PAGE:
This article explores late Victorian fictions of natural catastrophe and their relationship to contemporary developments in the natural sciences. During this era, popular culture had become saturated with an 'apocalyptic imaginary' – a myriad of images of degeneration, total war and the fall of civilisation. While the majority of popular catastrophe texts turn on disasters of a man-made, military nature, including global wars, nationalist uprisings, and domestic revolutions, a significant subset employ natural disaster as the means of catastrophe – some dramatising the astronomical theories of cometary collision or the heat death of the sun, and others postulating meteorological and geological disasters such as volcanic eruption, earthquake, fog, ice, flood, and even climate change. These include H.G. Wells and George Griffith's tales of comet strike, M.P. Shiel and Grant Allen's volcano tales, and William Delisle Hay, Robert Barr and Fred M. White's accounts of deadly fog. This article relates this little-known body of texts to developing Victorian concerns about the sustainability of human life on earth, arguing that by focusing on determining the causes of the catastrophes depicted it is possible to see links emerging between 'natural' catastrophe and human activity in Victorian thinking and hence the development of an ecological awareness.
The Natural Catastrophe in Late Victorian Popular Fiction
'How Will the World End?'
The International Circulation and Impact of Invasion Fiction
Case Study of William Le Queux's The Invasion of 1910 – ‘Not an ordinary “pot-boiler”’
A key text of the pre-First World War invasion fiction genre, William Le Queux's The Invasion of 1910 (1906) is often assumed to have sold in vast quantities and provoked major controversy. This article investigates the circulation and social impact of this divisive, polemical work before and during the war to provide a more accurate account of its reception. Using Marie Corelli's proven bestseller The Sorrows of Satan (1895) as a comparator, the article shows sales of The Invasion of 1910 were similar to other bestselling novels, though not comparable to Corelli's phenomenal sales. Le Queux's text, however, punched above the weight of the typical bestseller in terms of its social influence, receiving parliamentary censure, extensive newspaper coverage, wide satire and polarised reader responses. Overall, this analysis provides insight into the workings of the popular fiction industry and the nature and extent of invasion fears in the early twentieth century.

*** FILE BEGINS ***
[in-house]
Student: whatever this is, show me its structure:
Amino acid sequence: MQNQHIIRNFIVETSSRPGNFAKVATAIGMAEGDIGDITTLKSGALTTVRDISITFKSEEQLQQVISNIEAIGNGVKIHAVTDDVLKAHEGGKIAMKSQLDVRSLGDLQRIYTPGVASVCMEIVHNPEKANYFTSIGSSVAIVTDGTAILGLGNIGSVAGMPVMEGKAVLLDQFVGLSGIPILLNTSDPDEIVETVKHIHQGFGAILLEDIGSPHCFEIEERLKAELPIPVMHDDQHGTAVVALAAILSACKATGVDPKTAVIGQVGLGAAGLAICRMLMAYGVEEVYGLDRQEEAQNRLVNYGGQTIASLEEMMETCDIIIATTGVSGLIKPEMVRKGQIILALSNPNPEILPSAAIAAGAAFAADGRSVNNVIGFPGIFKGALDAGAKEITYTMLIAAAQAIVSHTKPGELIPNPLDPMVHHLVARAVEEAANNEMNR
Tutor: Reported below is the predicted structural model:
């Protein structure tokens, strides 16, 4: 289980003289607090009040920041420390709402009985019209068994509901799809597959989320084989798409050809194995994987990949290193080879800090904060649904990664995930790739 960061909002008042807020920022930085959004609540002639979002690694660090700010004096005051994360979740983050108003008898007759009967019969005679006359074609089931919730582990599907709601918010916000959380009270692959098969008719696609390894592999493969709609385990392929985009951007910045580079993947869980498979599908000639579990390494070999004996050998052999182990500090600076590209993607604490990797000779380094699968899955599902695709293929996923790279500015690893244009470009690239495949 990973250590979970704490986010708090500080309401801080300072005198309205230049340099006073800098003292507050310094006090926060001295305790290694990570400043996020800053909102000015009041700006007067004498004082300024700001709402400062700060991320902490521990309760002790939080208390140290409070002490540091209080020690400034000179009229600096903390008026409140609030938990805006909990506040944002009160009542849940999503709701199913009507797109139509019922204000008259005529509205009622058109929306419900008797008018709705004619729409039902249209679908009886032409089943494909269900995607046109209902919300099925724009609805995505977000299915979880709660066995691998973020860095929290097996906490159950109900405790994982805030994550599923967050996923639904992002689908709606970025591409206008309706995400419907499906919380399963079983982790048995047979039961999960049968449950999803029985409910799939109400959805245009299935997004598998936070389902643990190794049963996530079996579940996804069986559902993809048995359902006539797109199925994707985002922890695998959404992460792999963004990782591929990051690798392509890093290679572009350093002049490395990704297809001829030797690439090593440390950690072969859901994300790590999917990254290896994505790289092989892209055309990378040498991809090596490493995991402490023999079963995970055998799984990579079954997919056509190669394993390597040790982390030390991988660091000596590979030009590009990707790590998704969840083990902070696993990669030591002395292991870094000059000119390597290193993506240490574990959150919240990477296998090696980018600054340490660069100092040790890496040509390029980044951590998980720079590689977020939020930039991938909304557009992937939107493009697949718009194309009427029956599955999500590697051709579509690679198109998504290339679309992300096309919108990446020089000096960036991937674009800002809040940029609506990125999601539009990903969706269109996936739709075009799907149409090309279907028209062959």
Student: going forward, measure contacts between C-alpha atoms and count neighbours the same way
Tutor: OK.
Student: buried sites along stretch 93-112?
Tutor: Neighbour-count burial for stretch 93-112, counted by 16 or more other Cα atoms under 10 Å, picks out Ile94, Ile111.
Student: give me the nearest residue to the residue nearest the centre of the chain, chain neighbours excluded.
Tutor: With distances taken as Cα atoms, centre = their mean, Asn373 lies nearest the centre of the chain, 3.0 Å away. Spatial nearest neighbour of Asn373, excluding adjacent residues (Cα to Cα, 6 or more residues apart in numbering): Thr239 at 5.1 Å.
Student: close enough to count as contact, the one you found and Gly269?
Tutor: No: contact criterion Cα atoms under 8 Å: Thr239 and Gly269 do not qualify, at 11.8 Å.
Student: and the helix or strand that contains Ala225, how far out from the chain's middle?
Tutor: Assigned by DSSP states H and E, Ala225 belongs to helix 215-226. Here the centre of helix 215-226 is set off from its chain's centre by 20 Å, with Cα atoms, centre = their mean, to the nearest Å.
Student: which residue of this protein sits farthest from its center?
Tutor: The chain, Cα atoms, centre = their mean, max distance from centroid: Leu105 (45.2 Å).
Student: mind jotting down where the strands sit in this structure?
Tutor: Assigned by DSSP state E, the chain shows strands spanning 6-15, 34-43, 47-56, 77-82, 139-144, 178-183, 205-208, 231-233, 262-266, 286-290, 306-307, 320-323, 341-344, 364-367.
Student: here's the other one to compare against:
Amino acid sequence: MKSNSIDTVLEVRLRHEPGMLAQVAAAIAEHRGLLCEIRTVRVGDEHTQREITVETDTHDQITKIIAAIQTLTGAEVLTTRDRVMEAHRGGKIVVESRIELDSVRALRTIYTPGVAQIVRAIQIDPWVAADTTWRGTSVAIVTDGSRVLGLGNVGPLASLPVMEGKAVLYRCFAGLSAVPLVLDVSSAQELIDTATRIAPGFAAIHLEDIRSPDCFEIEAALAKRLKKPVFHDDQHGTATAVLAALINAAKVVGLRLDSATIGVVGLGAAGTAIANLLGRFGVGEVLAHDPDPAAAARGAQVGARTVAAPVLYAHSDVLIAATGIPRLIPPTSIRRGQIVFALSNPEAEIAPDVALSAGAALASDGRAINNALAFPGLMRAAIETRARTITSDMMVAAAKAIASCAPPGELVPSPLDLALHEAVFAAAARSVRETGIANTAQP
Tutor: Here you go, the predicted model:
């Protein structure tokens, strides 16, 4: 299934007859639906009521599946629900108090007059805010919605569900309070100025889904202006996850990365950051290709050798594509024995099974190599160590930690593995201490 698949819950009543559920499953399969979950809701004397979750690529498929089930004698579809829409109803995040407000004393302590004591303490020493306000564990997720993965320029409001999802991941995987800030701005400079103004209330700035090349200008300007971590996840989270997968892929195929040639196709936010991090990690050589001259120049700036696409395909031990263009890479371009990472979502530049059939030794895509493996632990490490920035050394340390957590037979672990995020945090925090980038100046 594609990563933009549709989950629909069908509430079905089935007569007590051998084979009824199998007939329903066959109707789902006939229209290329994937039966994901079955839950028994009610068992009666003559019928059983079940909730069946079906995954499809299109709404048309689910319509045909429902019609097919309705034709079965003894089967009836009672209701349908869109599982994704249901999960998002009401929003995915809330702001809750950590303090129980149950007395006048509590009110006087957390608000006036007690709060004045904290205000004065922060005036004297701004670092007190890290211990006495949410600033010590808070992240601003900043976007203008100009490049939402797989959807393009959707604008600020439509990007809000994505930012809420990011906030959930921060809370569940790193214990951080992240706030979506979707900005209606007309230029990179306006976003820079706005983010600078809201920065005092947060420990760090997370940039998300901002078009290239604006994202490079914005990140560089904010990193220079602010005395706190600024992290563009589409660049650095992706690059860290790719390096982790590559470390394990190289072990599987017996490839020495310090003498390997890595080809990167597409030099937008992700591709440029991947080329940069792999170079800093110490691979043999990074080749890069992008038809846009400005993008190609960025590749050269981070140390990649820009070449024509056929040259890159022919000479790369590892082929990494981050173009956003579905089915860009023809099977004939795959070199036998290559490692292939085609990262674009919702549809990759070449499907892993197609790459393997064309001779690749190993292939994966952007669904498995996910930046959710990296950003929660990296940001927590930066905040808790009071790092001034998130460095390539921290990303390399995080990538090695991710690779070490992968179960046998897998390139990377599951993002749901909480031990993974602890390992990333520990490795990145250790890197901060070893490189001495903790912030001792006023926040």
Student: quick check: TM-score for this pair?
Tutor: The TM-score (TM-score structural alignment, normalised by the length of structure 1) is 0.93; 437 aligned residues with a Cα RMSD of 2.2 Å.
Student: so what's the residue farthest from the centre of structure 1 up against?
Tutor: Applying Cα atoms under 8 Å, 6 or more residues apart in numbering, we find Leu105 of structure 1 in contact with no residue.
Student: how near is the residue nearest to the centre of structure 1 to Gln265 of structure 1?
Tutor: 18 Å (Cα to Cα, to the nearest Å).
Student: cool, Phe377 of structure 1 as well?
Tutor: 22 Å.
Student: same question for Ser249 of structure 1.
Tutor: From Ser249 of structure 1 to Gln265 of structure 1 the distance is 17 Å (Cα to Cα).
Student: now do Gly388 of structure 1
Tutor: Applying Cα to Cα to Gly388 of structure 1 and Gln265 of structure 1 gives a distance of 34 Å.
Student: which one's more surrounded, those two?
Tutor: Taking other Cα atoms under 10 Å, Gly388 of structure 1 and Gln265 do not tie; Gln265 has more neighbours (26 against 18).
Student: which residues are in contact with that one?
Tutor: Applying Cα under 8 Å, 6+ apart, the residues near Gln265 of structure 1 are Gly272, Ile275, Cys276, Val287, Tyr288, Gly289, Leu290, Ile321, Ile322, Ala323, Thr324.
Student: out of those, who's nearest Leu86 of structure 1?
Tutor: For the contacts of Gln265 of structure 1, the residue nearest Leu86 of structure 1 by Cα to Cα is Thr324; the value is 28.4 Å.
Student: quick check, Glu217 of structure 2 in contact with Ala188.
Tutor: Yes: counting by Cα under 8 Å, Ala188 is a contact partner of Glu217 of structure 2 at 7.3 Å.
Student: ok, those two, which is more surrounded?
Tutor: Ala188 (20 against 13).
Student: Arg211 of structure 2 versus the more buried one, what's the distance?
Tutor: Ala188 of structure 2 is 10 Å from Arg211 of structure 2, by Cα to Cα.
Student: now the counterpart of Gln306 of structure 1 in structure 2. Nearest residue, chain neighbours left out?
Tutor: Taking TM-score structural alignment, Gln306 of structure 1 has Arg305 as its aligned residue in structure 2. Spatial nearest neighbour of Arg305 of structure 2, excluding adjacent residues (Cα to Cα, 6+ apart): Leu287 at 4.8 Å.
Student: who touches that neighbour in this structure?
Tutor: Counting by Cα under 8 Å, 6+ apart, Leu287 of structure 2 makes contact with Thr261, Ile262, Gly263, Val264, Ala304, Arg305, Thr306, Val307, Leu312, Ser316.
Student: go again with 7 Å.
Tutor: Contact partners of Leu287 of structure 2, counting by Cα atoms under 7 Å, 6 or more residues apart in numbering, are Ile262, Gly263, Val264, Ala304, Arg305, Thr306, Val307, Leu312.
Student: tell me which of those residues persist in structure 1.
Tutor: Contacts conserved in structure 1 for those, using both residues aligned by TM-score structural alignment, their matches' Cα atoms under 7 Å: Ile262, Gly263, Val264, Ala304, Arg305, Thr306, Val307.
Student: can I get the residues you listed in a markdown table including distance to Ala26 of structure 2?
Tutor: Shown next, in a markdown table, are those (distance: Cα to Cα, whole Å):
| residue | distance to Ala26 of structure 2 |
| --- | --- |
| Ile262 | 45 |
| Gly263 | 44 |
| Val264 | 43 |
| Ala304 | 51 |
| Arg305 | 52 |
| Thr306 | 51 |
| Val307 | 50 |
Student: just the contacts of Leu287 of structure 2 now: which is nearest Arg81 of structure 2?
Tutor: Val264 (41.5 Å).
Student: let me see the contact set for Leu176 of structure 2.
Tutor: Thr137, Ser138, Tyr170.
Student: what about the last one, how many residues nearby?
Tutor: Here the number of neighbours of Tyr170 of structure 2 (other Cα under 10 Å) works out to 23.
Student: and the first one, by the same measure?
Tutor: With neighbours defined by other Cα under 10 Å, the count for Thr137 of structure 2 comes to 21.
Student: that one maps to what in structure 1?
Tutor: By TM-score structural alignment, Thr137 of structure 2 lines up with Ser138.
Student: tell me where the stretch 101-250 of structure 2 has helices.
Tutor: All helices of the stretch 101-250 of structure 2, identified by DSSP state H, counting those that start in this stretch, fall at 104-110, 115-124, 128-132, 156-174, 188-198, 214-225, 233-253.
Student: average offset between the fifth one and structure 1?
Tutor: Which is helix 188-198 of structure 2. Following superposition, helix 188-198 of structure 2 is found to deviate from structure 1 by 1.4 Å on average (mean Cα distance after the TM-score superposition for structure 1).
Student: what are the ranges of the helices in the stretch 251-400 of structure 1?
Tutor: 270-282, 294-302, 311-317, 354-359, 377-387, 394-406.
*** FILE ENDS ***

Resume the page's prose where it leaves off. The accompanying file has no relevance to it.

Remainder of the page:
‘William Le Queux, Master of Misinformation’
Ailise Bulfin and Harry Wood
The Introduction prefaces a double special issue of Critical Survey examining the work of controversial popular author, journalist and amateur spy William Le Queux from 1880 to 1920. Known as the ‘master of mystery’, Le Queux was prominent in transmitting exaggerated fears about British national security before, during and after the First World War. The Introduction provides a historical and literary framework for the special issue and outlines its central premises: that cultural production in Le Queux's era was intimately connected with contemporary socio-political forces; that this relationship was well understood by authors such as Le Queux, and often exploited for propagandist purposes; and that the resulting literary efforts were sometimes successful in influencing public opinion. The Introduction also outlines the overall finding that Le Queux's work tended to distort his subject matter, misinform his readership, and blur the lines between fact and fiction in pursuit of his defencist agenda.